Discussion Up    Down

Advantages and limits of endovascular treatment

The advantages of endovascular treatment with regard to the surgical treatment are multiple: 1) The intervention takes place in dorsal decubitus, what allows to avoid the postero-side thoracotomy among which the installation and the prolonged position are noxious at polytrauma more or less unstable patients. Note that in case of rough decompensation of an lesion the laparotomy as a matter of urgency remains possible; 2) It avoids the lung exclusion at patients with lungwort bruise and hypoxemia; 3) It avoids aortic clamping and prevents the increase in intracranial pressure at patients with traumatic brain injury; 4) The heparinisation is limited to 50 IU / kg in trauma patients at hemorrhagic risk; 5) The surgical aggression is lesser, a significantly shorter duration.

Several authors have introduced in recent years, a series of patients handled by endovascular way with good results in terms of post-operative mortality and occurrence of post-operative paraplegia. Amabile et al [7] present a series of 20 consecutive patients between 1998 and 2004; the first 11 ones handled in a surgical way (single clamping or Cardio-pulmonary bypass), while the last nine ones treated with endovascular way.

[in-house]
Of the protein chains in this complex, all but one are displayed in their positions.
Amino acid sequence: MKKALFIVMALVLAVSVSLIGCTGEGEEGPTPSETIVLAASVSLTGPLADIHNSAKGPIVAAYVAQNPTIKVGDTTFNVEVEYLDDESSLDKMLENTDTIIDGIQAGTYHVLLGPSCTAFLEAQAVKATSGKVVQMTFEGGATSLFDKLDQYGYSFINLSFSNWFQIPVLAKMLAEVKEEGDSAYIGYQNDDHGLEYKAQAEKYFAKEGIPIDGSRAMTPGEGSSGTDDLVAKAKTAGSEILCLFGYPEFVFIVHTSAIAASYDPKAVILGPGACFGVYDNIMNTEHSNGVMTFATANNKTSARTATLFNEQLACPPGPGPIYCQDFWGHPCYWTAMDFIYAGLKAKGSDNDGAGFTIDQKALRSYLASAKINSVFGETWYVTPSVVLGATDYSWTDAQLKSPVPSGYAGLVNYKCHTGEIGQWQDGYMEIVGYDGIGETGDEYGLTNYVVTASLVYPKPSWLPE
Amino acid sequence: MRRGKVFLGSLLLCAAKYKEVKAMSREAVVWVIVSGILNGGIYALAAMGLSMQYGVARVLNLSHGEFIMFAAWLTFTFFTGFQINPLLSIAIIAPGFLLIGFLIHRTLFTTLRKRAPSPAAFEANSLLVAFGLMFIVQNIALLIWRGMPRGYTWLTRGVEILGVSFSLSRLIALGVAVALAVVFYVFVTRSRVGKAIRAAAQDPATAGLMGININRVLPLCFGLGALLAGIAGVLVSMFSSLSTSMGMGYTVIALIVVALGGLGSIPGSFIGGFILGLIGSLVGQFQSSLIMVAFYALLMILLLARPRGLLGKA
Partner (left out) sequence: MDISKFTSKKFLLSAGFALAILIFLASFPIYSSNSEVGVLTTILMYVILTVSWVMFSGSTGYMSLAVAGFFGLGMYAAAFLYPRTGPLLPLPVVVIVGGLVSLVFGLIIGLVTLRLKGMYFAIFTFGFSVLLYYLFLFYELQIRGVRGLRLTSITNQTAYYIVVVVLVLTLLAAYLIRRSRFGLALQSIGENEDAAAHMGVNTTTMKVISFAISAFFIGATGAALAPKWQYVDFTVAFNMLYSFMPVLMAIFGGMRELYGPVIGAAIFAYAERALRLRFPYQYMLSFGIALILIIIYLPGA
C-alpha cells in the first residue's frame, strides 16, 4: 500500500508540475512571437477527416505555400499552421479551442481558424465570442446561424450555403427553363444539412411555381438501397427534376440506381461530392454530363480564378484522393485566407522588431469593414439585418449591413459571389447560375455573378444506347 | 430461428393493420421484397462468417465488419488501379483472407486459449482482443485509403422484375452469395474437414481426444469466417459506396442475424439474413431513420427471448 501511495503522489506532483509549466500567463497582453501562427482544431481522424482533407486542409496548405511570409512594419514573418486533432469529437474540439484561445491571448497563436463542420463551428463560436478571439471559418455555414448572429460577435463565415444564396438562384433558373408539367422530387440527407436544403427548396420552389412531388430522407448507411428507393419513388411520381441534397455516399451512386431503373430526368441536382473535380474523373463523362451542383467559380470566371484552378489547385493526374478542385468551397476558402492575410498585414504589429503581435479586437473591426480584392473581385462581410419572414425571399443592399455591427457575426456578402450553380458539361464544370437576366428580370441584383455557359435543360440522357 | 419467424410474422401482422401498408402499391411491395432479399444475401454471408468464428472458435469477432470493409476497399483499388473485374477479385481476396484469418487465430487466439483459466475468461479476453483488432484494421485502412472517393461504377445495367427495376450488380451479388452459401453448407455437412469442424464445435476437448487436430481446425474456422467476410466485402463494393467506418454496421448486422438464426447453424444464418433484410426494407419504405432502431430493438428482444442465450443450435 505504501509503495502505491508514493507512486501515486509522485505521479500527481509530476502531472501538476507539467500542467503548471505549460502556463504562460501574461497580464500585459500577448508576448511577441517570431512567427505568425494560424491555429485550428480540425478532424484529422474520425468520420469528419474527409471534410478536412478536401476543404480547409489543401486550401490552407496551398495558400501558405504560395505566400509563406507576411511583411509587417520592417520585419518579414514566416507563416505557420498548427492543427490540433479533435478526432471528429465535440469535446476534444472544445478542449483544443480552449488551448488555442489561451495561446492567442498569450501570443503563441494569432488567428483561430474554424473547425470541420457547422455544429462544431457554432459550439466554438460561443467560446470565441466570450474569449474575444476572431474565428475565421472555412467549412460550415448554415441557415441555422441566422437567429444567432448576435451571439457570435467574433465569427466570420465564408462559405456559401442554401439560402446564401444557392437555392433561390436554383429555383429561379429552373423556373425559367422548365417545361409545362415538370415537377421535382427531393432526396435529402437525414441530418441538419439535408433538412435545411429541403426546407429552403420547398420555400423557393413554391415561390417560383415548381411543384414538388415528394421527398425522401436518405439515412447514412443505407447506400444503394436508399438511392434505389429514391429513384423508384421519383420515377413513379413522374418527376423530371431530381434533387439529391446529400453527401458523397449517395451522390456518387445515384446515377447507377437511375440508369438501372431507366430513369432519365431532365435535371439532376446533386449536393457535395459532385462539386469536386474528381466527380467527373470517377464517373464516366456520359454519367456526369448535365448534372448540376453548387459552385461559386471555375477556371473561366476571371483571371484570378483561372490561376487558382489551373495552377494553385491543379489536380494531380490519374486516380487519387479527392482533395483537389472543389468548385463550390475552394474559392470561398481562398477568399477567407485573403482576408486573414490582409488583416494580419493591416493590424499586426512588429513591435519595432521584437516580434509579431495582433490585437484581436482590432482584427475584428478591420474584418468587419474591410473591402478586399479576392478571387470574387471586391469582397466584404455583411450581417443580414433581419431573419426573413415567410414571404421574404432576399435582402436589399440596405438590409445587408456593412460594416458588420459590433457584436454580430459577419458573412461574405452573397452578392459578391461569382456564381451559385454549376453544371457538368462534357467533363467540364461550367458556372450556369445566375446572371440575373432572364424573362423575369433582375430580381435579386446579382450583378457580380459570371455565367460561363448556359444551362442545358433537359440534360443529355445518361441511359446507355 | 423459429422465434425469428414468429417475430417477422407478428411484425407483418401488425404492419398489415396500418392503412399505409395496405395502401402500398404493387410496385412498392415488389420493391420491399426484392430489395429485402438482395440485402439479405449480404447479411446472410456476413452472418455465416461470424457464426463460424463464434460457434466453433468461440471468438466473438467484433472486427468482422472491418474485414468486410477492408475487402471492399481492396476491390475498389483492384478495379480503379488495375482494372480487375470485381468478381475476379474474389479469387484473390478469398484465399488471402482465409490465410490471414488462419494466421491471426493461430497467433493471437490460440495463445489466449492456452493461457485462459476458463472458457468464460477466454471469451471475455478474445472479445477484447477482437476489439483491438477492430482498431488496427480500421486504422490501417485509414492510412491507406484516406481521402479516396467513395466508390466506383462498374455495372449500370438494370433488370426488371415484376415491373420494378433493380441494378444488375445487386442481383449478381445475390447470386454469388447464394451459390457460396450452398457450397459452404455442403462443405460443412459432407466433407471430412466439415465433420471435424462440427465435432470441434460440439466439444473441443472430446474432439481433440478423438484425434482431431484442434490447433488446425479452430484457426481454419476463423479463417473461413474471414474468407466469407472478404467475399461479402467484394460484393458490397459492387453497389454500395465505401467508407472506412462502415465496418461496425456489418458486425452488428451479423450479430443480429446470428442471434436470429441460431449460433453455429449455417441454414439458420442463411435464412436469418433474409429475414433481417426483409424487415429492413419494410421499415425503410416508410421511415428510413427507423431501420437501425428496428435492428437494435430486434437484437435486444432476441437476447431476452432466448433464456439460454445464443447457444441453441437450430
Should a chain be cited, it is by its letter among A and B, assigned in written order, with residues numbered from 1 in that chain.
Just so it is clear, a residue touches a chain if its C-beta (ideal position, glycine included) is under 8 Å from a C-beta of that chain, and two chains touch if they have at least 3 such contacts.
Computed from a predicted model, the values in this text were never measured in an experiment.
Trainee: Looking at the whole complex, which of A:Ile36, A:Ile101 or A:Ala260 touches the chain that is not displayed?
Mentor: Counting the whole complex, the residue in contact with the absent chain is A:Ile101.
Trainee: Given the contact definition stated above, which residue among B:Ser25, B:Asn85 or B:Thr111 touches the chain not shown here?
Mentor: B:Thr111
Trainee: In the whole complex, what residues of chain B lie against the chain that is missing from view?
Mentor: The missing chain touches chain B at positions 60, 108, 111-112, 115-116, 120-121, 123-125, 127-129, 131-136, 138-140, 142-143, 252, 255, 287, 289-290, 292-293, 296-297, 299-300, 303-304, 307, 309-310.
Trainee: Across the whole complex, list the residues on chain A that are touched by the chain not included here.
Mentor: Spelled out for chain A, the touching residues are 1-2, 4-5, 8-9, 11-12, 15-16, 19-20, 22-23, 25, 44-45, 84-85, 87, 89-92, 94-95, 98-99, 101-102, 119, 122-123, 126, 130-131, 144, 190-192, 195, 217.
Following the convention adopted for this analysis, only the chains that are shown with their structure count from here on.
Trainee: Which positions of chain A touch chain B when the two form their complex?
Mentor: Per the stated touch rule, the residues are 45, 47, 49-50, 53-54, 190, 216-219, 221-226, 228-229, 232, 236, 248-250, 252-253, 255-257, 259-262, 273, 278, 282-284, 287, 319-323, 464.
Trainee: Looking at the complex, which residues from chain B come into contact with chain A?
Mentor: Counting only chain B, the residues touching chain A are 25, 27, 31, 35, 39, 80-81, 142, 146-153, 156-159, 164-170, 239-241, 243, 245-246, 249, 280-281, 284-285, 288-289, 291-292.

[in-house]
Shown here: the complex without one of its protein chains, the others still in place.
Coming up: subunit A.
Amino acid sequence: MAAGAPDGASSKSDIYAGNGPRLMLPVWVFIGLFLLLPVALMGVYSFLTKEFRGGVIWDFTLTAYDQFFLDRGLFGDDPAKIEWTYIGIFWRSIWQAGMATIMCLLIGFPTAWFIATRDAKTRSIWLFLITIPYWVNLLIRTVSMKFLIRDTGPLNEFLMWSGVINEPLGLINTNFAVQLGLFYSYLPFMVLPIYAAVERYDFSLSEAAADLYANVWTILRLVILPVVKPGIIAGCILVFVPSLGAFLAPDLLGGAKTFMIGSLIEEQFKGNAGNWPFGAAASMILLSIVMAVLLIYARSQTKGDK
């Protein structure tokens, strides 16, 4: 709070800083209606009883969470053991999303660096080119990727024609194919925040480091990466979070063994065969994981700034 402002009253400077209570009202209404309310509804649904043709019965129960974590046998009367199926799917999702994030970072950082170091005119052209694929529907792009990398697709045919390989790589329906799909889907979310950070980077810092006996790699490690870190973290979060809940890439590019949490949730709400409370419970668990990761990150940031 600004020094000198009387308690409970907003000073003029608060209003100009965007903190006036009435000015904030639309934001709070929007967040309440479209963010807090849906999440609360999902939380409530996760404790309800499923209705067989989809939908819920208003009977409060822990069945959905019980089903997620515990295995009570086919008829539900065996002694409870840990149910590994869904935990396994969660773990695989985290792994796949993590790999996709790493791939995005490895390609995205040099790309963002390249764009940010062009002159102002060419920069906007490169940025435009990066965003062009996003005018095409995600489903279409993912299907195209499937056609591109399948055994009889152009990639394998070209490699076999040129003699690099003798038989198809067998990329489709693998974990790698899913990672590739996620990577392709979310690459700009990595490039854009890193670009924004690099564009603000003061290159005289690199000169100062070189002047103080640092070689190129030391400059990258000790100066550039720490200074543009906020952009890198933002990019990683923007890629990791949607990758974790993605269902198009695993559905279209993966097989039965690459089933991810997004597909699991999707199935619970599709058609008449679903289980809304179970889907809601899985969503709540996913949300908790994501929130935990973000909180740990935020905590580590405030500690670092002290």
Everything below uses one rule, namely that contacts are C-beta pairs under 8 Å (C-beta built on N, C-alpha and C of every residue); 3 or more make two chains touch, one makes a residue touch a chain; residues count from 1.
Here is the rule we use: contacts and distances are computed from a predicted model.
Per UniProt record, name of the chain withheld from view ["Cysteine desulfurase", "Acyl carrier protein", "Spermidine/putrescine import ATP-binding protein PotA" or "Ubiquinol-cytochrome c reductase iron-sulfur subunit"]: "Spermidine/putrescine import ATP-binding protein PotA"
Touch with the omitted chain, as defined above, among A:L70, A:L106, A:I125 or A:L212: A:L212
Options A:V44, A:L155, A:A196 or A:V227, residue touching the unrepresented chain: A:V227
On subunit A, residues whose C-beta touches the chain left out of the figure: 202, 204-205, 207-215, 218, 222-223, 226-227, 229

The operative mortality was 9.1% (1/11) for surgery, 0% for the endovascular group without paraplegia. The average follow-up of patients who underwent the stenting was 15.1 months (3 ~ 41 months). It wasnít noted by deterioration of the stent and the exclusion of the isthmus lesion was acquired on the scanner to three months. One stent was required for each patient. Rousseau et al [8] present a series of 76 consecutive patients between 1981 and 2003; 29 patients were treated with stent with an average deadline after the trauma of 70 days (1-245 days) and a mean follow up of 46 months (13-90 months). No deaths and no paraplegia are to be regretted during the follow-up of these patients (21% of mortality vs 7% of paraplegia in the group of 28 patients operated as a matter of urgency and 0% of mortality with 0% paraplegia in the group of seven patients operated in a deferred way). Only an iliac break per procedure will oblige the realization of a vascular decking. The exclusion of the pseudoaneurysm was obtained in all patients, and it was not noted deterioration of the endoprosthesis. To our knowledge, there has not to date, no cases of paraplegia reported in the literature (French and English) after endovascular treatment of acute rupture of the aortic isthmus. However, these excellent results brought back in the literature, in terms of mortality, complication of spinal and good primary and mid-term results are qualified.